The last few miles were absolutely brutal. It turned into a lovely day in NYC, so everyone was out and about on the path along the East River. By this point the gentle saunter had turned into a forced march, and stepping out of the way of bikers, joggers, and playful children proved exhausting. Finally we started walking under FDR Drive, and as the pier numbers started dropping we knew we were getting close to the end.
And then, just like that, we finished! We got our photos taken at the end, complete with our Great Saunter certificates.
Some finishers elected to go back to the Fraunces Tavern and have a drink, but we were just COOKED. We summoned an Uber to take us back to the hotel as we could not walk the short distance back there. After I got into the room, I immediately took my shoes off to survey the damage. I only had one small blister, but my feet were throbbing. I followed my pregnant friend’s advice and elevated my feet, which helped so much. We ordered room service because again, walking was too hard. We fell asleep around 9 PM and slept for about ten straight hours.
The next morning we were almost 75% recovered. Some slight stiffness when walking, but our bodies really sped through recovery!
So many people have thoughts and questions on The Great Saunter, so I thought I would address some of them:
How long did it take you to walk that far? Eleven hours and 30 minutes. We rested for about an hour and twenty minutes of that time. Frankly we should have rested MORE, and EARLIER in the day. It would have probably made those last ten miles much better.
How many steps did you take that day? 70,210 or about 33.1 miles. Our GPS had the Saunter at 33 miles, not 32. But it is billed as a 32 mile walk.
Would you do it again? Not next year, or the year after that. I could see myself doing it again in ten years after I forget how hard it was to complete. For the last five miles I was focused on finishing the walk so I would never have to do it again!! If I do it again, I would consider walking the Saunter in reverse. The East side was markedly worse than the West side, and it would be great to finish up the last ten miles with better infrastructure.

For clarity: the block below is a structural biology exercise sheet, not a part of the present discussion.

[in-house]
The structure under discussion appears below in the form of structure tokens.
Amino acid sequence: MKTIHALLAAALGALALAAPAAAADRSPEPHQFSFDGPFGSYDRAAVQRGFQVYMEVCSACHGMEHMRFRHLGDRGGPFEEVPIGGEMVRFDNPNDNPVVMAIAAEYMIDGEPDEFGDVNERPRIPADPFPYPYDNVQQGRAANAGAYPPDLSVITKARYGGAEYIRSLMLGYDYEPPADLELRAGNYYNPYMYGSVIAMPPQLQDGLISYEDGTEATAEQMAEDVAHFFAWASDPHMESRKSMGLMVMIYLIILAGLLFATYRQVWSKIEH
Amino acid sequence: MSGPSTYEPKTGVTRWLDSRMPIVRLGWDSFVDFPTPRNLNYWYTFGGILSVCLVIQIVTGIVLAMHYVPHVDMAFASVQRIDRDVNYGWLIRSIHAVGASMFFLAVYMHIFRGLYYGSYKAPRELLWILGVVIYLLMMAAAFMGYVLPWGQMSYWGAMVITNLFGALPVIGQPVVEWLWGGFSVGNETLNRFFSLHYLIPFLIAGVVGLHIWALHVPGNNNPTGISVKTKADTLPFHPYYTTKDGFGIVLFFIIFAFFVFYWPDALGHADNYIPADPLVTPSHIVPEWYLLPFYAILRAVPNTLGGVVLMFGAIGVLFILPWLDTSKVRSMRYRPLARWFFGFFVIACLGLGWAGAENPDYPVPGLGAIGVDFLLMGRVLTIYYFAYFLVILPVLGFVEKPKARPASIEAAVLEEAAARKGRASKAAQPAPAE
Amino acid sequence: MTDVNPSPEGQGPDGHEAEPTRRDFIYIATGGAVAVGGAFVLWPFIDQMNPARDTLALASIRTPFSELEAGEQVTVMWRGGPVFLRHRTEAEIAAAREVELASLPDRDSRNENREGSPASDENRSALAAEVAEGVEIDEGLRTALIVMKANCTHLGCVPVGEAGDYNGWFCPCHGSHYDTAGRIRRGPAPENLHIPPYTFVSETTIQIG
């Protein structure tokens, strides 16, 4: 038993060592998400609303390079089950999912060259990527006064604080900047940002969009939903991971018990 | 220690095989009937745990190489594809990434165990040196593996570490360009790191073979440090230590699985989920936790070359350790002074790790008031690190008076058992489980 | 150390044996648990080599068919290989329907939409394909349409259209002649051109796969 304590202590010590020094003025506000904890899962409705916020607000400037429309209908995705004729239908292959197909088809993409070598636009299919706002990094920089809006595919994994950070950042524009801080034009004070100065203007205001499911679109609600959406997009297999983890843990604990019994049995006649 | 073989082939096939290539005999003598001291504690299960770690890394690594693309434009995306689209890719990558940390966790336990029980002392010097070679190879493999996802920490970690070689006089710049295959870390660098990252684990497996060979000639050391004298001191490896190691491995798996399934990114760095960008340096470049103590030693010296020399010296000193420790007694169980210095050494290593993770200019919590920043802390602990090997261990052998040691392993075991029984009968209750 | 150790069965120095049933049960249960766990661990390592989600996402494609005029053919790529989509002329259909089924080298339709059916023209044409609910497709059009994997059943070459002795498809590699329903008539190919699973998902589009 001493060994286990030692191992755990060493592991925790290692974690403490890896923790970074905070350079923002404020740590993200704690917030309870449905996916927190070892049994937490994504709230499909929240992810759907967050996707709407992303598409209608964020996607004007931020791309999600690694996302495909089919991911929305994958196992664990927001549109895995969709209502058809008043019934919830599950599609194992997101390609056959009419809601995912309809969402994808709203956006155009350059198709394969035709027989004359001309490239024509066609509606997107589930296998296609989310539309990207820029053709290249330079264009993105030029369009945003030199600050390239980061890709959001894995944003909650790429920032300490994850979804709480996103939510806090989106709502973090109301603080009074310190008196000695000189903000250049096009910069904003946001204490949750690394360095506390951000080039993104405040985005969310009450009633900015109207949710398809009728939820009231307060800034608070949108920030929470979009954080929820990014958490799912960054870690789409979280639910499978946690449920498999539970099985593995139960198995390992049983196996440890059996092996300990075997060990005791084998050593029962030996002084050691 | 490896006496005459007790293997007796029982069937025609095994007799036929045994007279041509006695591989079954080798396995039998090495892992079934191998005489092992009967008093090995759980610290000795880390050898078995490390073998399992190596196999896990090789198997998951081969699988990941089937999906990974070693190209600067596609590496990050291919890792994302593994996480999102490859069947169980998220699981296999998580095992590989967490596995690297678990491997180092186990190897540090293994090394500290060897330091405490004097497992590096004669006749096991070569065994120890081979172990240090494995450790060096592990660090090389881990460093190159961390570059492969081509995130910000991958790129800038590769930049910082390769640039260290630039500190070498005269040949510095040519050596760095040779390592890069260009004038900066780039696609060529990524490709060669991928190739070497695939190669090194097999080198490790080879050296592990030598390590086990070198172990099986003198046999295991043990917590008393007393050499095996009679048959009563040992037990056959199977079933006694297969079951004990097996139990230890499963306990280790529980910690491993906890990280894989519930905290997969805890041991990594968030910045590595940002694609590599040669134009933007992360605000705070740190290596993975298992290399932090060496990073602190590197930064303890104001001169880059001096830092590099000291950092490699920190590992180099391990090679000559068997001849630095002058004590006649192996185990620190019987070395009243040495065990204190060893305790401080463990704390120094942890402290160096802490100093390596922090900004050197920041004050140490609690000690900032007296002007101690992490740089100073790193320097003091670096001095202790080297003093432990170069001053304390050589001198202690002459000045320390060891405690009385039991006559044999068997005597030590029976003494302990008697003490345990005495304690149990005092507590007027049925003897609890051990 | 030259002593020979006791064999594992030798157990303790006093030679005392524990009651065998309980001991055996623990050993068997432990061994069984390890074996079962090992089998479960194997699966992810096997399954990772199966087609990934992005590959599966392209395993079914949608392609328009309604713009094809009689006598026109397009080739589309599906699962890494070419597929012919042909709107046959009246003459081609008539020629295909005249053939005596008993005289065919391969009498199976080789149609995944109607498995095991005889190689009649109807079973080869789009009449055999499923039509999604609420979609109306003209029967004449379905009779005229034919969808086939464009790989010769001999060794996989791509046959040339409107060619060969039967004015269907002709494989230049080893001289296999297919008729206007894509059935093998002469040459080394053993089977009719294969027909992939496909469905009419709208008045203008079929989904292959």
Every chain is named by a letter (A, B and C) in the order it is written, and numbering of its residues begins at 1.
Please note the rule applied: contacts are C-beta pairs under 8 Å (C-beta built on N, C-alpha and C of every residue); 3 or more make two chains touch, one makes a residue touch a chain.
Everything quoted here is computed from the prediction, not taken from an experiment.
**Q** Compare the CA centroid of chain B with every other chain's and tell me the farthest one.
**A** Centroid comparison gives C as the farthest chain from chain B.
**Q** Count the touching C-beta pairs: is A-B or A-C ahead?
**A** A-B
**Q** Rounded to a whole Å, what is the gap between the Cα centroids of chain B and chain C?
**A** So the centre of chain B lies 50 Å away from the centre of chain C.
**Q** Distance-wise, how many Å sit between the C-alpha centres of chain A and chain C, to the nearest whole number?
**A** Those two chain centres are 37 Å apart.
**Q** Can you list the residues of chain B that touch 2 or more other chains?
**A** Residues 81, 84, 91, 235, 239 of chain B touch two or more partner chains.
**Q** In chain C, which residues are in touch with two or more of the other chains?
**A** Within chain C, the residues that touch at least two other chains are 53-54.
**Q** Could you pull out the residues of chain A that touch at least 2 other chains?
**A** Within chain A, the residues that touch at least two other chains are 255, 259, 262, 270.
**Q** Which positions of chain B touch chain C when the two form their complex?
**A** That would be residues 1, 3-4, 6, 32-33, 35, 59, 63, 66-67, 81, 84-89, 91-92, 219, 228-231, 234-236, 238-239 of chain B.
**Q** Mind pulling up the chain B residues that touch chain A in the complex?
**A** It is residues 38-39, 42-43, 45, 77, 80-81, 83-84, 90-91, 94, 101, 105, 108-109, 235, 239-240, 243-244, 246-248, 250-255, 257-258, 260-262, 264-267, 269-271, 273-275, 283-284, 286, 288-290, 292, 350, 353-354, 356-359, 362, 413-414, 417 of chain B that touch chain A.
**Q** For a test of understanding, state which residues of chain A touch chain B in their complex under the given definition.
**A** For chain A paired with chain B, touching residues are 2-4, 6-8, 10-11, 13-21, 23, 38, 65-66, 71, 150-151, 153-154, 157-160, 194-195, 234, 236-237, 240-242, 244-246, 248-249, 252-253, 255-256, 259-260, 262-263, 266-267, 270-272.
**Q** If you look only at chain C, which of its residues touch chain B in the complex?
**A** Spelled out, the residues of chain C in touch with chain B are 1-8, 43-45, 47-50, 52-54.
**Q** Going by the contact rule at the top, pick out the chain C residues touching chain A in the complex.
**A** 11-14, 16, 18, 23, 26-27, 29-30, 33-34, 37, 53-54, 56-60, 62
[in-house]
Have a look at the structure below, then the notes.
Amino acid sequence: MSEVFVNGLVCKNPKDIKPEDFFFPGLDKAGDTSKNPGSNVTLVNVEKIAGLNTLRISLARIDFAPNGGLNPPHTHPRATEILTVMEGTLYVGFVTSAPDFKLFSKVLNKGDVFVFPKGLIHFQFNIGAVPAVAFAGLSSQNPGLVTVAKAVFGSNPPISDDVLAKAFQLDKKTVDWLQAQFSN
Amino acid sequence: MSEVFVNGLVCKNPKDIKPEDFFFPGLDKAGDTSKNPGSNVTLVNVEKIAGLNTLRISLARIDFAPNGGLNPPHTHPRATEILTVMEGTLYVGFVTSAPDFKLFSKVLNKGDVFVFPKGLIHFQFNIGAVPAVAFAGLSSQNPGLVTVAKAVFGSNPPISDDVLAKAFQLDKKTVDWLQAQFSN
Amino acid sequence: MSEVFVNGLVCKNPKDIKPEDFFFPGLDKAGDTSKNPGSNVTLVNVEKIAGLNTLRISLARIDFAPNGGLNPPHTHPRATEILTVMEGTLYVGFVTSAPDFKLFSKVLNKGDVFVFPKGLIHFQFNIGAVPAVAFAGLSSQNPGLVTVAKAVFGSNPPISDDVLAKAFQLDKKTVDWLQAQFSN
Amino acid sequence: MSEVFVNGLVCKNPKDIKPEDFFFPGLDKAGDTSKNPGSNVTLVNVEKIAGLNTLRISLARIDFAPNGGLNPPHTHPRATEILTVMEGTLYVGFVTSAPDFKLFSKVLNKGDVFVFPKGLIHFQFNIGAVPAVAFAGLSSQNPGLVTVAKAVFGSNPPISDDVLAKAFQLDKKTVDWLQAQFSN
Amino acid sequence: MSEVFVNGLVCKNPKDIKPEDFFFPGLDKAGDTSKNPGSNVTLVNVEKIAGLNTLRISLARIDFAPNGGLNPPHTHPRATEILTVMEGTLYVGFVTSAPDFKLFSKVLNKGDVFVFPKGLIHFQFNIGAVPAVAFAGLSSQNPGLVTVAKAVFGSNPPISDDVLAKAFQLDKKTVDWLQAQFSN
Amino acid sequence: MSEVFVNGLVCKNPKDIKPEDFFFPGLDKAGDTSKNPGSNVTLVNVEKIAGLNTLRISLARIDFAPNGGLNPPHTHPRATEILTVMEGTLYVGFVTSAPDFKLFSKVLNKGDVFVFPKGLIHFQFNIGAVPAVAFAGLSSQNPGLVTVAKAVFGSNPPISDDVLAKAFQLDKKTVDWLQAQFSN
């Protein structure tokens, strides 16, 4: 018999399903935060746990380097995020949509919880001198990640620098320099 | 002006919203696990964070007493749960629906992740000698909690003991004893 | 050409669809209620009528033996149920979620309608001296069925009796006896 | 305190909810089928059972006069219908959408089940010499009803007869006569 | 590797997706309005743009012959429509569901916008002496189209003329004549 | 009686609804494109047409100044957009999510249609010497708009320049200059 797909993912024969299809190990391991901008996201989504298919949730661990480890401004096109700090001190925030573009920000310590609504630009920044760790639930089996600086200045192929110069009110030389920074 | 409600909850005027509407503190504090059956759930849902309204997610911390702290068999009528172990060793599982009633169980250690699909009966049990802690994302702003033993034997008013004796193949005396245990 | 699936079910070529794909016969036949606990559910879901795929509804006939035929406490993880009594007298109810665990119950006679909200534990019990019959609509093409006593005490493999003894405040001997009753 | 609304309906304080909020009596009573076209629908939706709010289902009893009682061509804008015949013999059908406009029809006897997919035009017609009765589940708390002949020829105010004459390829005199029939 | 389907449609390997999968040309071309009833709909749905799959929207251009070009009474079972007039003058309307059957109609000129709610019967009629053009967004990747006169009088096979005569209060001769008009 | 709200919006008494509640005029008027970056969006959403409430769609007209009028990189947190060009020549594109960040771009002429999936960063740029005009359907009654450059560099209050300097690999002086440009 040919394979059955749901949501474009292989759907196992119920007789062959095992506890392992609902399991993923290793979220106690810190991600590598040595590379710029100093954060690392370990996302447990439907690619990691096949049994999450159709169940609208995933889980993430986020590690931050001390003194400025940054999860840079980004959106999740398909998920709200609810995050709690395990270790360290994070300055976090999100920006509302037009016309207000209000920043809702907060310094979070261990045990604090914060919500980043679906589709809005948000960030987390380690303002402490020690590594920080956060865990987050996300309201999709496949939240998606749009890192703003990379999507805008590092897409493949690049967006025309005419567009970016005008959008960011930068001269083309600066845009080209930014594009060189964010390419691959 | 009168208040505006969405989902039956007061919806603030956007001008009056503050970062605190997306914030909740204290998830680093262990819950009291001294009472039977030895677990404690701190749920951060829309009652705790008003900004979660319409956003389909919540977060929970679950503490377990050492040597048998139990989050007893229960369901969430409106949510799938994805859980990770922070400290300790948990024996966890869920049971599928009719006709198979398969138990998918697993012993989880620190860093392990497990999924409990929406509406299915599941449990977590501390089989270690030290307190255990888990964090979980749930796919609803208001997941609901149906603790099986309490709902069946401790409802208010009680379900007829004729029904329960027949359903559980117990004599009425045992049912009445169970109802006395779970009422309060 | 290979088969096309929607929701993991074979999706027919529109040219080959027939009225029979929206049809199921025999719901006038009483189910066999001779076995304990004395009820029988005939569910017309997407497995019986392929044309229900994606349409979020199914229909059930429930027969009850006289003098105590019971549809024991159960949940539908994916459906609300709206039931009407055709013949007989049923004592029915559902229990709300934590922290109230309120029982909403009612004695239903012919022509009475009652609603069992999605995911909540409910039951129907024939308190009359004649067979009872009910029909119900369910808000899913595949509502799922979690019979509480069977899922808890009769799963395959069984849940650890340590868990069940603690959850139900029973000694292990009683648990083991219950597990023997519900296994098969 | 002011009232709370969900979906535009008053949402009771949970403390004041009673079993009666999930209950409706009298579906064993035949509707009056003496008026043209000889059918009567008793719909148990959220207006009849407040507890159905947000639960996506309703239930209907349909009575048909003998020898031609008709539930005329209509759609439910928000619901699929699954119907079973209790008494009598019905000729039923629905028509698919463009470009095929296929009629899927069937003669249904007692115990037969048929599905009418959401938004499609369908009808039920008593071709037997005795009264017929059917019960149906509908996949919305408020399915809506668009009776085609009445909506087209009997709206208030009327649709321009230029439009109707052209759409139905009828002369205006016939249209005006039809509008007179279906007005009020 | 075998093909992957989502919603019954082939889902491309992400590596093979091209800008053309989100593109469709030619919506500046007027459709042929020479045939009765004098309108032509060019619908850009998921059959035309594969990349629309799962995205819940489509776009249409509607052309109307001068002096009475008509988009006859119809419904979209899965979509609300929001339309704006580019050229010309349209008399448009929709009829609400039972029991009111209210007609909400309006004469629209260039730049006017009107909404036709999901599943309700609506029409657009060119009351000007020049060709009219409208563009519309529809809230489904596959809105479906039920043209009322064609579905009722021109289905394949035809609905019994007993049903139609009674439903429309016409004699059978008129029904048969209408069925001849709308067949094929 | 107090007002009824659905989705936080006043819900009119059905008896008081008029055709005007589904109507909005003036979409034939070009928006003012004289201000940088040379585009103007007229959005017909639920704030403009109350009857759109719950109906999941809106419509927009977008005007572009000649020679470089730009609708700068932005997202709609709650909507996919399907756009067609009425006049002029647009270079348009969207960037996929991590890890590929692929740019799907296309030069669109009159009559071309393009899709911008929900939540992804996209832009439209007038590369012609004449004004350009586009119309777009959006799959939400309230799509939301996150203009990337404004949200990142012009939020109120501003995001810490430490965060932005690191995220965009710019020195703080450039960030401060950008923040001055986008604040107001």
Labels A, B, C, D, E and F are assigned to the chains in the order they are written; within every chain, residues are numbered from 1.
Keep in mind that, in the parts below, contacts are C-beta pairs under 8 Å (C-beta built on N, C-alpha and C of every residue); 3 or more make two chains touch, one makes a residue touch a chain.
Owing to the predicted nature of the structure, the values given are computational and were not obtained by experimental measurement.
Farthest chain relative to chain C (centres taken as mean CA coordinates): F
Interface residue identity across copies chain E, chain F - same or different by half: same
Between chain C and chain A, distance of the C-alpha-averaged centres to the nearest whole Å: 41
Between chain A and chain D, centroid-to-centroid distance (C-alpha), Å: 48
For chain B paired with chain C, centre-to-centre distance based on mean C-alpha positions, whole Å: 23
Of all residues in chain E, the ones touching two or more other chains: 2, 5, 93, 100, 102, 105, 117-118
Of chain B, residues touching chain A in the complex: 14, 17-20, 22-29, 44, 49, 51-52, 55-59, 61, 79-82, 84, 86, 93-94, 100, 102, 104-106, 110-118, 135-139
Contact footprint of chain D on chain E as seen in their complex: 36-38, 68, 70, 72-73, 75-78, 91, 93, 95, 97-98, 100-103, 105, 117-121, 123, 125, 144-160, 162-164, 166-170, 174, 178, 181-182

What would you do differently? As stated above, we would take breaks more often. I would also pack a real lunch. We only brought snacks like chips, cookies, beef jerky, and water. A sandwich would have made a real difference since we were burning calories like crazy. I would also bring a ton of coffee in a thermos. Since we walked the perimeter of NYC there were not that many opportunities to grab a cup of coffee when you really needed one. Thought we did hit up a Starbucks in Inwood at a seriously delicate time, I almost cried tears of joy when I saw it.
Verdict: The Great Saunter is amazing. Hard, but worth it. It is relatively unknown outside of New York, or even in New York. Shorewalkers emailed attendees afterwards and said that 2,009 people signed up for the event, but only 860 people made it across the finish line. I feel incredibly proud of my achievement of walking around the island of Manhattan. It was a total mental and physical challenge, and I conquered it. It was not easy, but again I am so proud I did it.
I’m encouraging everyone who can walk ten miles in a day to take a chance and walk The Great Saunter. You don’t have anything to lose, and if you hate it, just get off the trail and have a cocktail in Manhattan. You can’t lose!